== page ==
Materials and Methods
Animal experiments were carried out in accordance with the guidelines provided and approved by the Animal Welfare Department of the Landesamt für Gesundheit und Soziales Berlin (Berlin State Office of Health and Social Affairs, permit numbers G00121/11, G0059/12). All experiments were carried out under urethane anesthesia (20% in saline, 6 ml/kg body mass, intra-peritoneal), and all efforts were made to minimize suffering. Animals were kept under constant thermal conditions: 37°C body temperature was maintained by warming the animal beds using a circulating heated water system (Thermo Haake GmbH, Karlsruhe, Germany). Rectal temperature and respiratory motion/rate were monitored (SA Instruments, Inc., New York, USA) throughout the imaging experiments.
All imaging experiments were carried out on a 9.4T small animal MR system (Biospec 94/20, Bruker Biospin, Ettlingen, Germany) equipped with a linear polarized birdcage RF resonator for transmission in conjunction with a curved four channel receive RF coil array (Bruker Biospin, Ettlingen, Germany) customized for rats.
MRI protocols for parametric mapping of T2* and T2 were tailored for fast measurements in the rat kidney at a magnetic field strength of 9.4 Tesla. T2-weighted pilot scans and local B0 shimming that uses a voxel enclosing the kidney only were performed first. Subsequently, parametric T2* and T2 mapping using respiratory gated imaging techniques was performed. For T2* mapping a multi gradient echo (MGE) sequence (repetition time = 50 ms, echo times = 10, first echo time = 1.43 ms, echo spacing 2.14 ms, averages = 4) was employed with a total acquisition time of approx. 1 min 20 s (respiratory rate dependent). For T2 mapping a multi spin echo (MSME) sequence (repetition time = 550 ms, echo times = 7, first echo time = 10 ms, echo spacing 10 ms, averages = 1) was used with a total acquisition time of approx. 1 min 40 s. A coronal oblique image slice was acquired with a spatial in plane resolution of (226×445) µm2 (field of view = (38.2×50.3) mm2, matrix size = 169×113 zero-filled to 169×215) and a slice thickness of 1.4–1.5 mm.
Renal blood flow during I/R experiments was monitored by time-of-flight (TOF) MR angiographies of the kidney. TOF angiography consisted of an untriggered spoiled gradient echo sequence (2D FLASH, repetition time = 11 ms, echo time = 3 ms, flip angle = 80 degree, spatial in plane resolution of (200×268) µm2) with 15 slices of 1.0 mm thickness placed perpendicular to the major renal blood vessels, acquired in 24 seconds.
Image Analysis and Kidney Segmentation Model
Parametric maps of absolute T2* and T2 values were calculated by pixel-wise mono-exponential fitting to the signal intensities of the T2*- and T2-weighted images acquired at different echo times (in-house developed program; MATLAB, R2010a, MathWorks, Natick, WA, USA). The relaxation times T2* and T2 were chosen over the relaxivities (i.e. R2* = 1/T2* and R2 = 1/T2), as they allow for a better visualization of changes in the parameter maps for the different kidney regions and stimuli. In quantitative data representations such as value tables or bar charts the relaxation times are complemented by the corresponding relativities, which were also derived on a pixel-by-pixel basis.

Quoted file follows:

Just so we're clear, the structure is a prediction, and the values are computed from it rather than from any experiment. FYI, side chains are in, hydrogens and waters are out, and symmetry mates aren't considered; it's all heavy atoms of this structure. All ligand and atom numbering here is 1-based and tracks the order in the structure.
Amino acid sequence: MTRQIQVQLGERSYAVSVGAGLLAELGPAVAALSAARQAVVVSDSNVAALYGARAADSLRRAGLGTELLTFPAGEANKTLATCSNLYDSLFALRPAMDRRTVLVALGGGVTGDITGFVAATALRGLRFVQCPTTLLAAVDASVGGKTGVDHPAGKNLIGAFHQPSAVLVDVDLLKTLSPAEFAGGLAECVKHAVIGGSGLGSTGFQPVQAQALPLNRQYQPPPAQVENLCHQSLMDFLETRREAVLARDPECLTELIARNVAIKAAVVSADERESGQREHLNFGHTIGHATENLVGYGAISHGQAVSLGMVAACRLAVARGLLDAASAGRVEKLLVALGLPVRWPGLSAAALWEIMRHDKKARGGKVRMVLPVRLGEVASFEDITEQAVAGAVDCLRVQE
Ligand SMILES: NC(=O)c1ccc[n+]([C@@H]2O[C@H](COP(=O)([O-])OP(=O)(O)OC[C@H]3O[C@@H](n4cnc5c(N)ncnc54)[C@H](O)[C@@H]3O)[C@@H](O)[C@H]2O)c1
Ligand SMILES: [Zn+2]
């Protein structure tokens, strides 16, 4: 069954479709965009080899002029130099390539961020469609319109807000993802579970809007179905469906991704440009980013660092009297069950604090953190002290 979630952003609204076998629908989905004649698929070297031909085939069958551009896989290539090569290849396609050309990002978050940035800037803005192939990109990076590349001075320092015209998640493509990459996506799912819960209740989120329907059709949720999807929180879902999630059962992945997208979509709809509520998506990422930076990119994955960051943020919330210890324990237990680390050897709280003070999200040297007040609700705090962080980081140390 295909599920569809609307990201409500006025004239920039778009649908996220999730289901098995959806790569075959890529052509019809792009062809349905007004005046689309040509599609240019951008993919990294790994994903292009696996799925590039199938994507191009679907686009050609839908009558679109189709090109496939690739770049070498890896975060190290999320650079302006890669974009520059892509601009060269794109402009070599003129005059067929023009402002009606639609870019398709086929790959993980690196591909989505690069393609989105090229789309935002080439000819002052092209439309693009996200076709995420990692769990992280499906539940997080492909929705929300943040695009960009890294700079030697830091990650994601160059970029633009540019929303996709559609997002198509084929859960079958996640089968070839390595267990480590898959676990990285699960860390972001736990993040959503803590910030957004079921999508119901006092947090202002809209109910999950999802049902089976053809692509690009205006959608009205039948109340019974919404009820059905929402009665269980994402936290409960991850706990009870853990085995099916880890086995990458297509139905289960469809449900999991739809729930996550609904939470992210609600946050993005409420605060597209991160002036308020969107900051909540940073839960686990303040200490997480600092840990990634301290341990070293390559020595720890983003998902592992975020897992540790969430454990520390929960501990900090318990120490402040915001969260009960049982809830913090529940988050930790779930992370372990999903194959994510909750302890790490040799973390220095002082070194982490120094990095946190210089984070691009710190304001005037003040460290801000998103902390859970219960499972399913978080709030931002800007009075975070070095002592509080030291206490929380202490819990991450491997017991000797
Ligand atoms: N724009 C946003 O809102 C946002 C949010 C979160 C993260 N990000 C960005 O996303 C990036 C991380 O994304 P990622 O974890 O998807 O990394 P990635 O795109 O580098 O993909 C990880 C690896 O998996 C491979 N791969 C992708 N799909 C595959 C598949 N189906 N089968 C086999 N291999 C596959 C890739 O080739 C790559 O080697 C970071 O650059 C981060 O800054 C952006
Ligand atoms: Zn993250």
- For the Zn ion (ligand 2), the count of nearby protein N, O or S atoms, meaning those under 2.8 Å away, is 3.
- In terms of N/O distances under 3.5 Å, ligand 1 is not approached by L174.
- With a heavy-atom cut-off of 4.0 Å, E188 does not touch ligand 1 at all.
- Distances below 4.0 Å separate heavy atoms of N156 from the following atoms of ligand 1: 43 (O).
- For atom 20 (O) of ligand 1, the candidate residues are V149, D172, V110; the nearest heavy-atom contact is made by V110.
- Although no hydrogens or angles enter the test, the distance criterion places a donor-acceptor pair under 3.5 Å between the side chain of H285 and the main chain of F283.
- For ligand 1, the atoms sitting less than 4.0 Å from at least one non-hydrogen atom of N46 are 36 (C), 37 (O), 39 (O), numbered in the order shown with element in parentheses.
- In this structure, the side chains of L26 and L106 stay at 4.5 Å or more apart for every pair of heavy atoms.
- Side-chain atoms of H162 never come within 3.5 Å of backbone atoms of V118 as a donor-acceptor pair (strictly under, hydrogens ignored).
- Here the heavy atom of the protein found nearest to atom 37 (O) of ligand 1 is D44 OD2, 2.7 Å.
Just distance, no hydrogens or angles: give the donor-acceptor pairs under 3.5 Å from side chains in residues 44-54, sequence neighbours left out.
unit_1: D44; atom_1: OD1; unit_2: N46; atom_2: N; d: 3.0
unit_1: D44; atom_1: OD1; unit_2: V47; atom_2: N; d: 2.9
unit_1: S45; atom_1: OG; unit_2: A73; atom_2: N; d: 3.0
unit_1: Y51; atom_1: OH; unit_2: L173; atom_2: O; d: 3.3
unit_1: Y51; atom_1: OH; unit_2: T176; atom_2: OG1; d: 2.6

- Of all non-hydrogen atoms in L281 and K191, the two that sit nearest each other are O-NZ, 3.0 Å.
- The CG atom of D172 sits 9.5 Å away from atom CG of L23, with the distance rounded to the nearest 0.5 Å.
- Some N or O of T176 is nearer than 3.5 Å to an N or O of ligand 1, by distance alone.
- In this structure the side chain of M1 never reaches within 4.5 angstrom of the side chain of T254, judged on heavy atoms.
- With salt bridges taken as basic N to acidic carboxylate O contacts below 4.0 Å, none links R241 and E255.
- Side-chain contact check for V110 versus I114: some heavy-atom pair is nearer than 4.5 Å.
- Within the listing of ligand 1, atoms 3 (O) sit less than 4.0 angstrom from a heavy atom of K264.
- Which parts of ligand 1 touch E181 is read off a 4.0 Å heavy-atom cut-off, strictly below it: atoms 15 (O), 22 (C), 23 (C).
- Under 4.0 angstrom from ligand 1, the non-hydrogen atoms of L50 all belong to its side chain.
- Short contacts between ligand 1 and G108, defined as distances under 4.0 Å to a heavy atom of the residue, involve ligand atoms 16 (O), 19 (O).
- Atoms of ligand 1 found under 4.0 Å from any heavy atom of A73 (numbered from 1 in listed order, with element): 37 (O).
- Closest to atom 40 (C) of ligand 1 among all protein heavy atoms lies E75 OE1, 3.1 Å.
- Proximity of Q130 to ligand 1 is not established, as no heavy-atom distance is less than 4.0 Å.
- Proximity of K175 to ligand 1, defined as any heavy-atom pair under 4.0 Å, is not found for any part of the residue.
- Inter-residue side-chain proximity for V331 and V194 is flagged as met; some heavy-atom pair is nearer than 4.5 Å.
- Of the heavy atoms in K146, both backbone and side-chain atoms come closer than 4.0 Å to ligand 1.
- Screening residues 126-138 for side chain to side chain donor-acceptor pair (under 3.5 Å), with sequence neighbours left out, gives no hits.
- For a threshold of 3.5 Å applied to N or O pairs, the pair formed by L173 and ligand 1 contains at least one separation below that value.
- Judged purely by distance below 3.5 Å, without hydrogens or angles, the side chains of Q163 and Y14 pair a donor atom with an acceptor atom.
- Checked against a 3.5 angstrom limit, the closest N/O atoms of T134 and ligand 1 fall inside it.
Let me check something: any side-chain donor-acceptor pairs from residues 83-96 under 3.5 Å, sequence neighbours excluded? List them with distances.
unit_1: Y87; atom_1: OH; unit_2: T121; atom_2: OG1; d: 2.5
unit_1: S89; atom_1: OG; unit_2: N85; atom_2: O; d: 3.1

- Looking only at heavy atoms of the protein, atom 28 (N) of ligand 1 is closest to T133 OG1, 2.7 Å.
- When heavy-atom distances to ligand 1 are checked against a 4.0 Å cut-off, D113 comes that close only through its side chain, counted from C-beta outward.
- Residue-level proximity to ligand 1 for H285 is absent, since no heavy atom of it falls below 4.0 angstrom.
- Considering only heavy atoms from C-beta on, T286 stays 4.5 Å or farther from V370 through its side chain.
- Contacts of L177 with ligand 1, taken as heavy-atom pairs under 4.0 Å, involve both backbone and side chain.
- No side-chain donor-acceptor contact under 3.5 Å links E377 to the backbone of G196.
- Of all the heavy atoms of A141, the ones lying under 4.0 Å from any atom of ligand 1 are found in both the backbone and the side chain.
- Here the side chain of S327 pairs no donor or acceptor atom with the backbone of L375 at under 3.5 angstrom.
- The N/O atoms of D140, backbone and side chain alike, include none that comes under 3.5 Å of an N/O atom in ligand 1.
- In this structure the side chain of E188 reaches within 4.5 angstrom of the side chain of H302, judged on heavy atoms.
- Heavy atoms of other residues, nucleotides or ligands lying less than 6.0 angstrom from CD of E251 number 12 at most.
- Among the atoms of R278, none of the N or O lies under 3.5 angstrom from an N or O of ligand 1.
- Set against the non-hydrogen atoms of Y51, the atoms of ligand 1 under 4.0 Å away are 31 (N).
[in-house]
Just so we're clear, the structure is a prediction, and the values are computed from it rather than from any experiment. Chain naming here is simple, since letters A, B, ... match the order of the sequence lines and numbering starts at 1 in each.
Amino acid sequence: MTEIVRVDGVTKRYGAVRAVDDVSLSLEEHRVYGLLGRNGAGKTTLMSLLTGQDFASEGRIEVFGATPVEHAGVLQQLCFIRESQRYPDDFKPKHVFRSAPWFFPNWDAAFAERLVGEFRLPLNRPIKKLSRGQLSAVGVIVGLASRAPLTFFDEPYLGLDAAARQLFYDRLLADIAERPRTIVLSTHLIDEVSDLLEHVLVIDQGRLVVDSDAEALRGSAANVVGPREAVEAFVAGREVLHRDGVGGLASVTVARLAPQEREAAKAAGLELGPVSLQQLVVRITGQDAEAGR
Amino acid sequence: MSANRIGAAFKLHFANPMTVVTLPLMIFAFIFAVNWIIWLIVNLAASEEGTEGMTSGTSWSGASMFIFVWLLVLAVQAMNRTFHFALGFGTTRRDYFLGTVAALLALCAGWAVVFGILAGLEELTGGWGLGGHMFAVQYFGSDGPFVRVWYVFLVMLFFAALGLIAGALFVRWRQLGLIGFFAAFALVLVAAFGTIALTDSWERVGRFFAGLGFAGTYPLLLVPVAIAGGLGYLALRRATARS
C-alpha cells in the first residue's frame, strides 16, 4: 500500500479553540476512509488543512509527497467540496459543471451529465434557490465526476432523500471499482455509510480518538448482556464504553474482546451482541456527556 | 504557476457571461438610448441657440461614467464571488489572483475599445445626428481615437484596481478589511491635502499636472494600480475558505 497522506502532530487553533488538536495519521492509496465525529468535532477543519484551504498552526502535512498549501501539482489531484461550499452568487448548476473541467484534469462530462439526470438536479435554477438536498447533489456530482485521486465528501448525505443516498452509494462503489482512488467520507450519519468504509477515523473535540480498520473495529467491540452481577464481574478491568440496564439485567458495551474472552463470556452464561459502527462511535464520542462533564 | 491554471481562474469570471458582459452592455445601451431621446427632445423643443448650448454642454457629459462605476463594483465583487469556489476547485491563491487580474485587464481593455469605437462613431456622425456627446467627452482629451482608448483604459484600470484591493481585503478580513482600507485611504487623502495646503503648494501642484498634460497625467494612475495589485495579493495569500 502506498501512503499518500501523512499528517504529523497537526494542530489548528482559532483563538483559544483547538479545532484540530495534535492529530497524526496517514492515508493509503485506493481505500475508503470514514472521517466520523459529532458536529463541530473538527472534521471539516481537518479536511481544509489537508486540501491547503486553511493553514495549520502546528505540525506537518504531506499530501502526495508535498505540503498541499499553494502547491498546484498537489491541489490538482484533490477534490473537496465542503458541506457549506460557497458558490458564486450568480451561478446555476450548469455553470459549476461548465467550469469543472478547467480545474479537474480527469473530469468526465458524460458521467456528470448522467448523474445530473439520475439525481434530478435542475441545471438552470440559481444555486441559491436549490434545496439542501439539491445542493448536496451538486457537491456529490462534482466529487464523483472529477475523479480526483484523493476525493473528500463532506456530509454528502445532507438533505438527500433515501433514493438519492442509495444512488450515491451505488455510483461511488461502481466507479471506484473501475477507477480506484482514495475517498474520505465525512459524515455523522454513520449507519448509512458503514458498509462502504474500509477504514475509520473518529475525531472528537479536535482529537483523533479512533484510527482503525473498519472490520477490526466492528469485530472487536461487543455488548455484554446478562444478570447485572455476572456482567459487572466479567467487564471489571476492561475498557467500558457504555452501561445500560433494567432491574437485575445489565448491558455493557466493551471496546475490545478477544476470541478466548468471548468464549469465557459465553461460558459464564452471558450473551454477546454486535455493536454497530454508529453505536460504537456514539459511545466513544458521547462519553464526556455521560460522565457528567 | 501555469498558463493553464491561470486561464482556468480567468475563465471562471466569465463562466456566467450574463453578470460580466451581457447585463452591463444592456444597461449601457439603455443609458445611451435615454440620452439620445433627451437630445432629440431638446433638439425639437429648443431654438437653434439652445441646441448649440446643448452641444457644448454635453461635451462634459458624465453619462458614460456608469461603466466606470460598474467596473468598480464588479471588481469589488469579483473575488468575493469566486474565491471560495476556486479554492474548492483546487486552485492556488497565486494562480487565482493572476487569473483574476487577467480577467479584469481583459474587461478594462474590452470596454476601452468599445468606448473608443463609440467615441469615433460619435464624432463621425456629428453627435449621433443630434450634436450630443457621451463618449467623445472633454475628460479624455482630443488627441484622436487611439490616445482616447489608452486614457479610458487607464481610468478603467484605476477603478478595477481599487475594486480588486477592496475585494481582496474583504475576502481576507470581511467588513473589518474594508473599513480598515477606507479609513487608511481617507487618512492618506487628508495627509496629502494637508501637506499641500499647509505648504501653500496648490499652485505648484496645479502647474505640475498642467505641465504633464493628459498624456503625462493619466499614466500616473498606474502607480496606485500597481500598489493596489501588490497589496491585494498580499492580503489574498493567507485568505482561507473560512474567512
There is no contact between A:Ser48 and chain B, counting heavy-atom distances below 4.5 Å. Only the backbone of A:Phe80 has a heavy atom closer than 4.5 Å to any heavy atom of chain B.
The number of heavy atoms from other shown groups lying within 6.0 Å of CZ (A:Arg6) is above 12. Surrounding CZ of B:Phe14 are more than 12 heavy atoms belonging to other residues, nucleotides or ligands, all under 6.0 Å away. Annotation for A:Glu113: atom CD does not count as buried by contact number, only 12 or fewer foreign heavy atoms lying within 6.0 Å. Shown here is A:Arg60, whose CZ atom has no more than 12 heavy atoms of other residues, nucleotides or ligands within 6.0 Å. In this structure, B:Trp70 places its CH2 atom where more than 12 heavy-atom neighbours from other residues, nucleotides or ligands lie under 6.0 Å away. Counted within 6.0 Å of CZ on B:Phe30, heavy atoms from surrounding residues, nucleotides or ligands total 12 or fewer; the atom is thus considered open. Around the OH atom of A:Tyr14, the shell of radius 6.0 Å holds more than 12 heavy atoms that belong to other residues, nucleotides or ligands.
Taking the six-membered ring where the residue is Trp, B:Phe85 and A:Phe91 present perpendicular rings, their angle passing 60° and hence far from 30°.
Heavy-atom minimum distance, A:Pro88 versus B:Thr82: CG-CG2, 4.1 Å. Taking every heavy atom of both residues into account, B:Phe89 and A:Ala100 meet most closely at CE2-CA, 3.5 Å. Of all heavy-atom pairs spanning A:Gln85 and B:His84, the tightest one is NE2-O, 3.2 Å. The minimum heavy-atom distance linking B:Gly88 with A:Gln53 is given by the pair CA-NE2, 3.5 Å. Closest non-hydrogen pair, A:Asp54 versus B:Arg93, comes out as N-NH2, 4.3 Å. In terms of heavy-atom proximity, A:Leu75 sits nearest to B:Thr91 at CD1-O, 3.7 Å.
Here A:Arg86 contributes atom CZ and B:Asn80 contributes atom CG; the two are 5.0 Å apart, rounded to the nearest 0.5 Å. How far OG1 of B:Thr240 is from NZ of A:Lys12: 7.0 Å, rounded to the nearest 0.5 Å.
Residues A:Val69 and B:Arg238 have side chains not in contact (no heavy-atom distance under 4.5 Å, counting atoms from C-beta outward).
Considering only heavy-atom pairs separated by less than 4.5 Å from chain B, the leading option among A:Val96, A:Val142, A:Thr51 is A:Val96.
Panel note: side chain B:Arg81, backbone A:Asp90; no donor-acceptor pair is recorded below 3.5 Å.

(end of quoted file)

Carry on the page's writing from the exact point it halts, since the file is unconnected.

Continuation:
Movements of the kidney during I/R experiments were compensated by image registration (FLIRT, FSL, www.fmrib.ox.ac.uk/fsl) using the first echo images of the multi-echo MGE or MSME acquisitions. Images were registered onto a baseline scan and the resulting spatial transformation matrices applied to the corresponding parameter maps.
Mean T2* (R2*) and T2 (R2) values for several regions-of-interest (ROI) within the renal cortex, outer medulla and inner medulla were calculated from the parameter maps. To reduce operator-induced variability in the ROI placement a standardized segmentation model of the rat kidney was developed. For this purpose special care was taken with regard to the location of the ROIs in the kidney. The aim was to determine ROIs strictly according to morphological kidney features, i.e., the distinct renal layers: cortex, outer medulla, and inner medulla (Figure 1). To this end, the dimensions of the rat kidney layers were measured in a series of freshly harvested kidneys as well as in a series of formalin-fixed kidneys (altogether 16 kidneys). To account for the inter-individual variability of the absolute length (cranial to caudal extremities) and width (lateral to medial border) of the kidneys, a rectangular frame that tightly encloses the kidney in the coronal view was used as a reference. The segmentation model consists of nine ROIs at defined relative positions (percentages of both diameters) within this rectangular reference frame (Figure 1). The size and positions of nine ROIs were defined for three ROIs in the renal cortex (COR), for three ROIs in the outer medulla (OM), and for three ROIs in the inner medulla (IM). All ROIs were placed in safe distance from the borders between these kidney layers to avoid any ‘contamination’ from the neighboring layers (partial segment effects) and to allow for inter-individual variations in morphology without the need to change the ROI position. The implementation of this model in a semi-automated analysis program developed in ImageJ (NIH, Bethesda, MD, USA, http://imagej.nih.gov/ij) limited user interaction to the placement of the rectangular reference frame around the kidney. The automatically placed ROIs were overlaid onto the parameter maps and their position was visually validated. ROIs that included artifacts were excluded from further analysis.